On regards of our news story published on 27th July 2017, we can bring you the following update.
An interdisciplinary team of students from the Technological Institute of Colima developed a system for monitoring vital signs showing the results in real time. The device, formed by a bracelet and thimble was designed to prevent fatal situations in children, the elderly and people with disabilities, by constantly monitoring and keeping record of heart rate, oxygen levels in the blood, and body temperature.
Vita Data, as named by its creators, is patent pending and has drawn the attention of potential investors. Additionally, it will represent the Technological Institute of Colima in the National Student Technology Innovation Event, organized by the National Technologic of Mexico.
Horacio de Jesus Garcia Vazquez, a member of the scientific team that develop the monitoring system, explained in an interview that the device records information of three vital signs: heart rate, oxygen levels in the blood and body temperature.
The hardware consists of a bracelet that is placed on the left arm of the user and a thimble on the index finger. Using sensors, real time measurements are sent to a computer and/or mobile device to be interpreted by a physician or parent in the case of the baby. Alerts are displayed as traffic signals; that is, if it were an emergency, a visual red signal is displayed. The system records the information in a database that can be accessed by doctors and medical assistants.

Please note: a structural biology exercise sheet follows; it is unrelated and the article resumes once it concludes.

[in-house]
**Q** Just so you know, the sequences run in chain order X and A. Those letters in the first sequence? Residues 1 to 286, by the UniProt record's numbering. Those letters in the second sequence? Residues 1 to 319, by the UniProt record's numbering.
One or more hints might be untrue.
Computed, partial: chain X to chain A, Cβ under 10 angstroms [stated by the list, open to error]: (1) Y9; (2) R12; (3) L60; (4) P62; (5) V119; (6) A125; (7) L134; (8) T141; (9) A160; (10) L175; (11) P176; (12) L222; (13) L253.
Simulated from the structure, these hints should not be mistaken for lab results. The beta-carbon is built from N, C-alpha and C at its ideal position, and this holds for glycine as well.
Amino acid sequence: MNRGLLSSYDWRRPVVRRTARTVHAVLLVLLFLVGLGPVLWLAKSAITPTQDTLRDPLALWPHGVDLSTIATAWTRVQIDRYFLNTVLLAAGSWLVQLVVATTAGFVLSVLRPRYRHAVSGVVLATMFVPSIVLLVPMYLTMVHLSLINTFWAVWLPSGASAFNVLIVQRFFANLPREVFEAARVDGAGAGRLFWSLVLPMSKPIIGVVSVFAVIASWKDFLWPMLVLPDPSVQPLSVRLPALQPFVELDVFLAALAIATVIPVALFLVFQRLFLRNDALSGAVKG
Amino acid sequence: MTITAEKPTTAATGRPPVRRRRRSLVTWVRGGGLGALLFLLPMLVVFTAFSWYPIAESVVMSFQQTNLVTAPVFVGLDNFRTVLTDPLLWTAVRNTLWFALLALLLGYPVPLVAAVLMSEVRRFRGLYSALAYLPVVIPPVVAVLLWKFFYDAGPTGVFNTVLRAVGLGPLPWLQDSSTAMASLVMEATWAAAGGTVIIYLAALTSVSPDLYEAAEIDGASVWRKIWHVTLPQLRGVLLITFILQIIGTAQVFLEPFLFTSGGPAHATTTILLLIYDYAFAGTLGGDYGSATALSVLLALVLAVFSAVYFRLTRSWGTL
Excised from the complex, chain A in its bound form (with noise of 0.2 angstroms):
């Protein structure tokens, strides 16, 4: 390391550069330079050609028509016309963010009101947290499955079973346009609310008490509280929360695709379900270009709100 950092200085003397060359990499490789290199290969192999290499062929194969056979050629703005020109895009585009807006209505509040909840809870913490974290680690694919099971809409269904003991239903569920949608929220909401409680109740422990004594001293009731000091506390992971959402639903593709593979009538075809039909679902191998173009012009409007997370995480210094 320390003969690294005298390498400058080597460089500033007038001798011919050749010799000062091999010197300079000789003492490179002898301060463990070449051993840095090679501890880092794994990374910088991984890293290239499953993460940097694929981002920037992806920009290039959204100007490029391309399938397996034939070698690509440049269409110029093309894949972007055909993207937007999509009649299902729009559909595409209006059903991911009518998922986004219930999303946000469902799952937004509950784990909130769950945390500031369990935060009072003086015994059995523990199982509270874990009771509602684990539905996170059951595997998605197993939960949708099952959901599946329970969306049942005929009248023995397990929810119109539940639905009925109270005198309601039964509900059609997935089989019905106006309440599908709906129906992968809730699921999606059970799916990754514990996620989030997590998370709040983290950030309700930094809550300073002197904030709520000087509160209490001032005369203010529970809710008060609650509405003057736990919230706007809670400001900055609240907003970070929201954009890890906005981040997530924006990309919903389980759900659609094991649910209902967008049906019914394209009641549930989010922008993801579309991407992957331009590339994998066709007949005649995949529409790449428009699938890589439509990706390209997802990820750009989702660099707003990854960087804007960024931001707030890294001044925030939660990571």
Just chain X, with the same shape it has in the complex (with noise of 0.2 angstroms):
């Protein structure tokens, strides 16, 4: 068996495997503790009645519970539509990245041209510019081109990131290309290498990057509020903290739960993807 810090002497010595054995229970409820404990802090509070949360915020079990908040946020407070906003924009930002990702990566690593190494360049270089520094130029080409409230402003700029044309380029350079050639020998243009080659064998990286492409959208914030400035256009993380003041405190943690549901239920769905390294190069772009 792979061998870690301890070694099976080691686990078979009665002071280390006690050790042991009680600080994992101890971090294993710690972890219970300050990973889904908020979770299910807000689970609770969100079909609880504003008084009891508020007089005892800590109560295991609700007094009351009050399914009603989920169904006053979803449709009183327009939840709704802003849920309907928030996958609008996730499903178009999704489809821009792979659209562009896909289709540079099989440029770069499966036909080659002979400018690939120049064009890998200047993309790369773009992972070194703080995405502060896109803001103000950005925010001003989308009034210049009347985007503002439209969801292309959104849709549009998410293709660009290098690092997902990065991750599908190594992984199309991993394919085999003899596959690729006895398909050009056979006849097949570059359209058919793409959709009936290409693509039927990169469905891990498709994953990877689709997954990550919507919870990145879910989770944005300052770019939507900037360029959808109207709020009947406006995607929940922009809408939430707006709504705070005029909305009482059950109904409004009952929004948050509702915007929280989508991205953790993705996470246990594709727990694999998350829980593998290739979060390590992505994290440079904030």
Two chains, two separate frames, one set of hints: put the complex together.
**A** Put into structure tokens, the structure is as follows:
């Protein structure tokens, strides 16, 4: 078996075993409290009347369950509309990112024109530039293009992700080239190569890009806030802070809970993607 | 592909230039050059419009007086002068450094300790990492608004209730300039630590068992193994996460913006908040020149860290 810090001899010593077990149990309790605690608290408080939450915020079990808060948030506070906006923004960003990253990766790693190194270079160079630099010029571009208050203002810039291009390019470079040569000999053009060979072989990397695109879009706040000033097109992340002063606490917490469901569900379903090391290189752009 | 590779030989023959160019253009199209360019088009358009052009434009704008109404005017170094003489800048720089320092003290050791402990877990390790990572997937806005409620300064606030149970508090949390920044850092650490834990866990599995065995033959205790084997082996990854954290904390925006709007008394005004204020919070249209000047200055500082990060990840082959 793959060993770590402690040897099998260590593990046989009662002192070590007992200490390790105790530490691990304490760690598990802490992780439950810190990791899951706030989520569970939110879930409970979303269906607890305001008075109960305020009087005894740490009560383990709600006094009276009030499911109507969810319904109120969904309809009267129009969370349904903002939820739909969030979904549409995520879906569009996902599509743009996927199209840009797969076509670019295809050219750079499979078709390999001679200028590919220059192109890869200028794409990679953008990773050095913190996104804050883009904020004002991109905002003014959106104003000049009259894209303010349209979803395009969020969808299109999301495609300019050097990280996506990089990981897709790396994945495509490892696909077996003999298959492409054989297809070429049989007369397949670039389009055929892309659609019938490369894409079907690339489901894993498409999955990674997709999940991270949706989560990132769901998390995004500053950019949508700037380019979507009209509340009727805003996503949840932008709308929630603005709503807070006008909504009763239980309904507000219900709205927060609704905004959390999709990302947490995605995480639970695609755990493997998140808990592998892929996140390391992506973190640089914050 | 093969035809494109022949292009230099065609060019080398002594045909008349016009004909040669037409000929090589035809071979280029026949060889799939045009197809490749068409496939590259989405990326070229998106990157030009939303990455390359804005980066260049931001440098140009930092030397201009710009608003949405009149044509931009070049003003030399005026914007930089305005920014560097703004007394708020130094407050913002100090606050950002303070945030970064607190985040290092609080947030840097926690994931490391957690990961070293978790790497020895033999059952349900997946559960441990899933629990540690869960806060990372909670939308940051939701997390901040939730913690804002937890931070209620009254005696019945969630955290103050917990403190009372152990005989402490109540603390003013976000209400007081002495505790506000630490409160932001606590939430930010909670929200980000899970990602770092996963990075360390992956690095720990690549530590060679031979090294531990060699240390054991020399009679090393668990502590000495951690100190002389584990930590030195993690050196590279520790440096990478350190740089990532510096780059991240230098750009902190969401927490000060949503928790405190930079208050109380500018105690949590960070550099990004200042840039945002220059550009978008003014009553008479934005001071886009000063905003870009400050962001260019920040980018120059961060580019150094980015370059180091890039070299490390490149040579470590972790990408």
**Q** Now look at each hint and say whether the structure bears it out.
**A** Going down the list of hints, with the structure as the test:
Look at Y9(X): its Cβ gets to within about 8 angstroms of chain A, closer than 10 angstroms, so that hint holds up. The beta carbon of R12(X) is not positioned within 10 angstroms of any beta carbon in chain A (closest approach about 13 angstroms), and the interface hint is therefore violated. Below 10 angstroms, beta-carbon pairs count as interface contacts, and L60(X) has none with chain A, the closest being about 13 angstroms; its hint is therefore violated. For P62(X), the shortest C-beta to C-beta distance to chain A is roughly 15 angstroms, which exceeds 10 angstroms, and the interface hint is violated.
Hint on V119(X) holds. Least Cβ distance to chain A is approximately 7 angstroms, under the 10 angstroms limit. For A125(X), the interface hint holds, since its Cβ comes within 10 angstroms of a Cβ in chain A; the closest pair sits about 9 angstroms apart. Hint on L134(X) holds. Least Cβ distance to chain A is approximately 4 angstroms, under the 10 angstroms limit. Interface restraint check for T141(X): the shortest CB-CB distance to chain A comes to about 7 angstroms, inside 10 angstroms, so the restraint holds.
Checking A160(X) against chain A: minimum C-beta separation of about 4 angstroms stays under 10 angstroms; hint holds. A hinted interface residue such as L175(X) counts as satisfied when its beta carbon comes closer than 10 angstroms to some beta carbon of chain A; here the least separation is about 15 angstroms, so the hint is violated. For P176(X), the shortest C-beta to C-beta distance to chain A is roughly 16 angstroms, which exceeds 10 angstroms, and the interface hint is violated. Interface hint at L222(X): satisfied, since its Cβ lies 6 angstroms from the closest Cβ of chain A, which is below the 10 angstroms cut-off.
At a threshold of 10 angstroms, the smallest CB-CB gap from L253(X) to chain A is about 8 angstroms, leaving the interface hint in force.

García Vázquez said that the project was initiated by students of mechatronics to prevent sudden infant death syndrome. They received medical advice by specialists from the IMSS to program the system based on parameters for early diagnosis in real time. The project grew and they decided to incorporate fellow students of industrial engineering and systems engineering to improve the design and usability.
The development not only has been recognized for its innovations in the use of technology, but also the entrepreneurial potential of its creators.
“It’s not invasive and does not prevent the mobility of the wearer. So far, it has been tested in children less than two years of age, senior adults, people with disabilities and heart problems, but the idea is that it can be used by any individual,” said Garcia Vazquez
The researchers are now working in a bracelet for parents that can communicate alerts from the baby’s monitoring system, so they do not have to rely in a computer or a smartphone.
Source: Agencia ID